Today, The Guardian has completed its top 100 soccer players list by unveiling the top 10. While probably a little too deferential to certain teams and young players, the list is still fascinating for what it says about the soccer world.
For the diehard Madridistas and Cules who only care about the 1.A and 1.B ranking, yes, Lionel Messi won out. Unlike the Ballon d'Or, which Cristiano Ronaldo is all but assured to win in a couple weeks, this list doesn't necessarily have to take into account trophies won, league and international performance, and all that other distracting information that sometimes prevents us from just giving the MVP to the best player. The Guardian is saying that if they had the first pick in a draft of every player, they would take Messi. Eminently reasonable.
What's most interesting are the trends. Only 12 of the top 100 players ply their trade outside the English, Spanish, German, or Italian leagues, and seven of them play for PSG. There are only four Brits, and two of them—Gareth Bale and Aaron Ramsey—are Welsh. In all, the Premier League leads the way in top 100 players with 29, La Liga is second with 26, the Bundesliga third at 18, and Italy fourth with 17. (Note: some of these numbers are probably off due to inconsistencies when listing transferred players; Paulinho, for instance, is a Spurs player while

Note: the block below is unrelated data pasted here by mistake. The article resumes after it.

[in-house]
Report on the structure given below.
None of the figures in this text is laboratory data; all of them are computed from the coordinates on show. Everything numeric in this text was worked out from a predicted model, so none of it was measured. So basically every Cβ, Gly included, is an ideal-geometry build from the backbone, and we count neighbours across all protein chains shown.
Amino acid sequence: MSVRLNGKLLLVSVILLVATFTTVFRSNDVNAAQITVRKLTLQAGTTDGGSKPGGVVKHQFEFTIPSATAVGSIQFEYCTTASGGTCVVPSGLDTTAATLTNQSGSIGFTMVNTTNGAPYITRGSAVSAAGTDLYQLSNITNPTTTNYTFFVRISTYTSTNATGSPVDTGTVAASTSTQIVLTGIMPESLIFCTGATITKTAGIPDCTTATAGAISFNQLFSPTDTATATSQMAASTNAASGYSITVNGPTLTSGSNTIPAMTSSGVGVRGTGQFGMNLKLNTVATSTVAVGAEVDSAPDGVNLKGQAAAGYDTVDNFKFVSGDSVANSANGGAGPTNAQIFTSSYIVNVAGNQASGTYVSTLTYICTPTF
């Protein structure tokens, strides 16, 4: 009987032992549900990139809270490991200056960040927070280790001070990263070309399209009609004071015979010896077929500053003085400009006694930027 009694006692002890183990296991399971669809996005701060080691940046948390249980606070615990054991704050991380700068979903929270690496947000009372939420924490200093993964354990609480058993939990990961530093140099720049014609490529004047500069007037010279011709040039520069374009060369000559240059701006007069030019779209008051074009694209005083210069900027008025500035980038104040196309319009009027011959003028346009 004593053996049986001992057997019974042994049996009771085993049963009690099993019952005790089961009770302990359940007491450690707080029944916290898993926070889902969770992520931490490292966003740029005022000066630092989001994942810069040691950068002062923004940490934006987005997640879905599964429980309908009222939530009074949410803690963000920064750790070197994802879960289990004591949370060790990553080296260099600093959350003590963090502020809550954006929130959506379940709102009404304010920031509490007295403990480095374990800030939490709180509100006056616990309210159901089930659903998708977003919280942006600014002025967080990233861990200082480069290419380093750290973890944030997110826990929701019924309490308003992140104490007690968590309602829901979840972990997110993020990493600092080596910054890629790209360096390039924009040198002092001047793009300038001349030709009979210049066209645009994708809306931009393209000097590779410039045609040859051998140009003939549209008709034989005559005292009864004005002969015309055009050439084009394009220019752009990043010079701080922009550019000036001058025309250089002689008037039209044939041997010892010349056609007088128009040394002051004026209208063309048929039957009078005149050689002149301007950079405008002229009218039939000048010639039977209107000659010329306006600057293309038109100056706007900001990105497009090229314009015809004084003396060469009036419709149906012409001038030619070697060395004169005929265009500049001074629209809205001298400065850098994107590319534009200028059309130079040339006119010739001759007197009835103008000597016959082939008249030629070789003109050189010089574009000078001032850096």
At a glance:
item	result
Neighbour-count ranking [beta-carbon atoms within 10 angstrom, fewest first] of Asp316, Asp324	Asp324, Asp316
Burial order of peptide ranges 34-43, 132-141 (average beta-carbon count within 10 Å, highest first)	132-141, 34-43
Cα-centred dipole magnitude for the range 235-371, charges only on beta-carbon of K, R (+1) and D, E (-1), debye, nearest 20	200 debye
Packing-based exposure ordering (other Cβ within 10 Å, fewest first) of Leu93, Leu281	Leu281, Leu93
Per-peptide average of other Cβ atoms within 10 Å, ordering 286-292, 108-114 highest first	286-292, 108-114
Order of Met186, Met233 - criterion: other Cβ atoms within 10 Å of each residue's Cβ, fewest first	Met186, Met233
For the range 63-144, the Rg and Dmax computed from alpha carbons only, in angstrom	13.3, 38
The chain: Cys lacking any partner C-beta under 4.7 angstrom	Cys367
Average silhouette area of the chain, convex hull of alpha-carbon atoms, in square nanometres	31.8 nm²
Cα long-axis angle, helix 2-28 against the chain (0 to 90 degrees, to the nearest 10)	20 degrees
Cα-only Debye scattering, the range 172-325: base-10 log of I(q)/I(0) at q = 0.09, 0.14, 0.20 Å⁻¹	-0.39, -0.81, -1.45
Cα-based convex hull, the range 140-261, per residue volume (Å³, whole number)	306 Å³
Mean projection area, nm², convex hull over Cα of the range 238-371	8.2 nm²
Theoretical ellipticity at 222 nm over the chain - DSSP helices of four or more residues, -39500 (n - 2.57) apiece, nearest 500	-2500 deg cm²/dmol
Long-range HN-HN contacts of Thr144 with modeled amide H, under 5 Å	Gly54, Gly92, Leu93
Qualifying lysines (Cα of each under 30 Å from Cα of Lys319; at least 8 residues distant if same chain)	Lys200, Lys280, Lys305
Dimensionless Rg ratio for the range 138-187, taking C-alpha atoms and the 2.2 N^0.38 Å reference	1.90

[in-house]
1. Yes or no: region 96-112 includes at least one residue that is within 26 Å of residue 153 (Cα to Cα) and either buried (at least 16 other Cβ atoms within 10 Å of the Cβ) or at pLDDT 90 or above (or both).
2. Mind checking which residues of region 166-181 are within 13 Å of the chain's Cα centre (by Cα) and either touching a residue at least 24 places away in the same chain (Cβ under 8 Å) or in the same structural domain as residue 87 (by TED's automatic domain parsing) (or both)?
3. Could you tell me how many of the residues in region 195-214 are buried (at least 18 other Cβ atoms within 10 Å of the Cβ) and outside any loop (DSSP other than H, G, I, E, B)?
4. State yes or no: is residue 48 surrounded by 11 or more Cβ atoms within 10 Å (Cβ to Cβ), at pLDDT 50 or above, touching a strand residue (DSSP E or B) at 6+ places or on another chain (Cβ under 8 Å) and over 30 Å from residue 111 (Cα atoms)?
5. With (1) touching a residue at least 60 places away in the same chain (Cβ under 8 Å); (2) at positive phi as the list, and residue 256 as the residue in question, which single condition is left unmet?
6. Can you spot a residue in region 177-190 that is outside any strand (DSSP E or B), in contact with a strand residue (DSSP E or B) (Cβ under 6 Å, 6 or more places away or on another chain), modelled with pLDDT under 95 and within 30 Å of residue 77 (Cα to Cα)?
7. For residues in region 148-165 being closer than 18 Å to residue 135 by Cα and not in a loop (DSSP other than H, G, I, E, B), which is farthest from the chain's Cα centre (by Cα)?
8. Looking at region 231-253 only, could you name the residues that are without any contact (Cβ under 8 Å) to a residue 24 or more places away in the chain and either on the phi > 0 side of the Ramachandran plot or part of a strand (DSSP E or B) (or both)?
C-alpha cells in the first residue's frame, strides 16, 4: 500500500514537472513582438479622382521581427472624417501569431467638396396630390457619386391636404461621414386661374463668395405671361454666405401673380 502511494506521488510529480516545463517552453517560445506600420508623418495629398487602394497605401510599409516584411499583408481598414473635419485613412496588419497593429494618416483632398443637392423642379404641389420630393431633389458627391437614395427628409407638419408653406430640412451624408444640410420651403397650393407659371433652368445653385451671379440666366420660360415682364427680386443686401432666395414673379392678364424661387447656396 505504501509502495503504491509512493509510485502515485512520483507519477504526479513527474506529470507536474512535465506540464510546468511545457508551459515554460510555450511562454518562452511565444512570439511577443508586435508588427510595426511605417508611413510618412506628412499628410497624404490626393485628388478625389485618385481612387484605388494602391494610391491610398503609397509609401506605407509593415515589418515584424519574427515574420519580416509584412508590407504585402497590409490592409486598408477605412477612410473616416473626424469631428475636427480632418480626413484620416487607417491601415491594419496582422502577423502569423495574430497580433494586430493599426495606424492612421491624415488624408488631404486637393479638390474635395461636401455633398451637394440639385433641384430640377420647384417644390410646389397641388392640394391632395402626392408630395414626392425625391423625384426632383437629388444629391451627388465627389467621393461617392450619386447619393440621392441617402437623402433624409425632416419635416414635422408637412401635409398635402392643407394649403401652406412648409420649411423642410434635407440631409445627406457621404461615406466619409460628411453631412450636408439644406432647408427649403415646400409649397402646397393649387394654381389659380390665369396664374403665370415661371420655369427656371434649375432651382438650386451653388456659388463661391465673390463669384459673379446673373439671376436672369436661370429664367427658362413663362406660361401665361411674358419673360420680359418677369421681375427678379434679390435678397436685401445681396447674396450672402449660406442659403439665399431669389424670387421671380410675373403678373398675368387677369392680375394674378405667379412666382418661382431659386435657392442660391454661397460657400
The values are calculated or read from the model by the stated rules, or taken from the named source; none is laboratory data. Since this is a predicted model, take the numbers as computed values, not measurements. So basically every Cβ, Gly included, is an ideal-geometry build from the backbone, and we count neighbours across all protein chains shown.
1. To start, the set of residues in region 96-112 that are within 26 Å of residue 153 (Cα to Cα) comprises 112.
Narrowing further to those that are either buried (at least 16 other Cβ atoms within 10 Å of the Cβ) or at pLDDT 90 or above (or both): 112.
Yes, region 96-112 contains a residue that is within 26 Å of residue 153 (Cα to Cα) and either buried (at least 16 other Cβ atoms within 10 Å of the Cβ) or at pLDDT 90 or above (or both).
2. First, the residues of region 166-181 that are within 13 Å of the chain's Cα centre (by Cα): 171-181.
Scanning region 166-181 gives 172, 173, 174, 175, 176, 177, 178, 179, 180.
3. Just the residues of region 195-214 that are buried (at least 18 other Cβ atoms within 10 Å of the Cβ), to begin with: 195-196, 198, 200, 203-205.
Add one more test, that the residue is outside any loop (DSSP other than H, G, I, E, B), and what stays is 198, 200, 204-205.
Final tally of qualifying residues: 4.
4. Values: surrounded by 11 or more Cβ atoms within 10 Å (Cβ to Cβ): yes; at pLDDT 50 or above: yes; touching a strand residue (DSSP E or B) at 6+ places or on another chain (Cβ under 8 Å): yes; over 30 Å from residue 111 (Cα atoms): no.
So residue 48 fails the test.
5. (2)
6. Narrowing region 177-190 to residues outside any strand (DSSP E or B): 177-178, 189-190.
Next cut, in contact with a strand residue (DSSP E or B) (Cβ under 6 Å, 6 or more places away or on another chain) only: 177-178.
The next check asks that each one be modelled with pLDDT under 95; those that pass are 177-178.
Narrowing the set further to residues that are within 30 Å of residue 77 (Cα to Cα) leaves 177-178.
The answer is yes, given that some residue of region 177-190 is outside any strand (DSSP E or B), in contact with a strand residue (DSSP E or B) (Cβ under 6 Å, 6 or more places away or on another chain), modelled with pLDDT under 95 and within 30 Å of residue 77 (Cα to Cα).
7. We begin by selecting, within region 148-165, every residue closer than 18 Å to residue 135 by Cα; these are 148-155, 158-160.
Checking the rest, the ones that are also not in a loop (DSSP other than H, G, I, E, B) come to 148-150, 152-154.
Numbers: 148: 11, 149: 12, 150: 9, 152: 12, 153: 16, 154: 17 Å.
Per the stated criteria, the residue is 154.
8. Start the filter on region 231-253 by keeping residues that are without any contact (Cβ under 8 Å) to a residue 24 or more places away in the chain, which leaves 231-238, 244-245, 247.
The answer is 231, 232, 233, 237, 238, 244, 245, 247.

Edison Cavini Radamel Falcao is listed as an Atletico Madrid player). Check out the page itself to see some cool charts depicting what they found.
With all that being said, the list is pretty faulty when you really think about it. Even a Barcelona homer like me can admit that Javier Mascherano probably doesn't even belong on a list of the top 100 center backs. The voters here also seems to be in love with young, promising, but ultimately unproven guys. Marquinhos, Lucas Moura, and Marco Verratti of PSG being on the list at all? Neymar at number six? The aforementioned Ramsey in the top 50? And where is Mathieu Valbuena, one of the best number 10s currently doing it? Joao Moutinho?
The soccer stats site FourFourTwo recently made its own top 100 list, and while every ranking of this type is fodder for debate, I feel theirs is a little more accurate (and with even more cool graphics!). I especially like their weighted league metric—they assigned a value of 100 to the number one player, 99 to the number two, and so on, then gave those points to the player's league—which had both La Liga and the Bundesliga as stronger than the EPL. Maybe the Premier League is so competitive this year because nobody is all that good.
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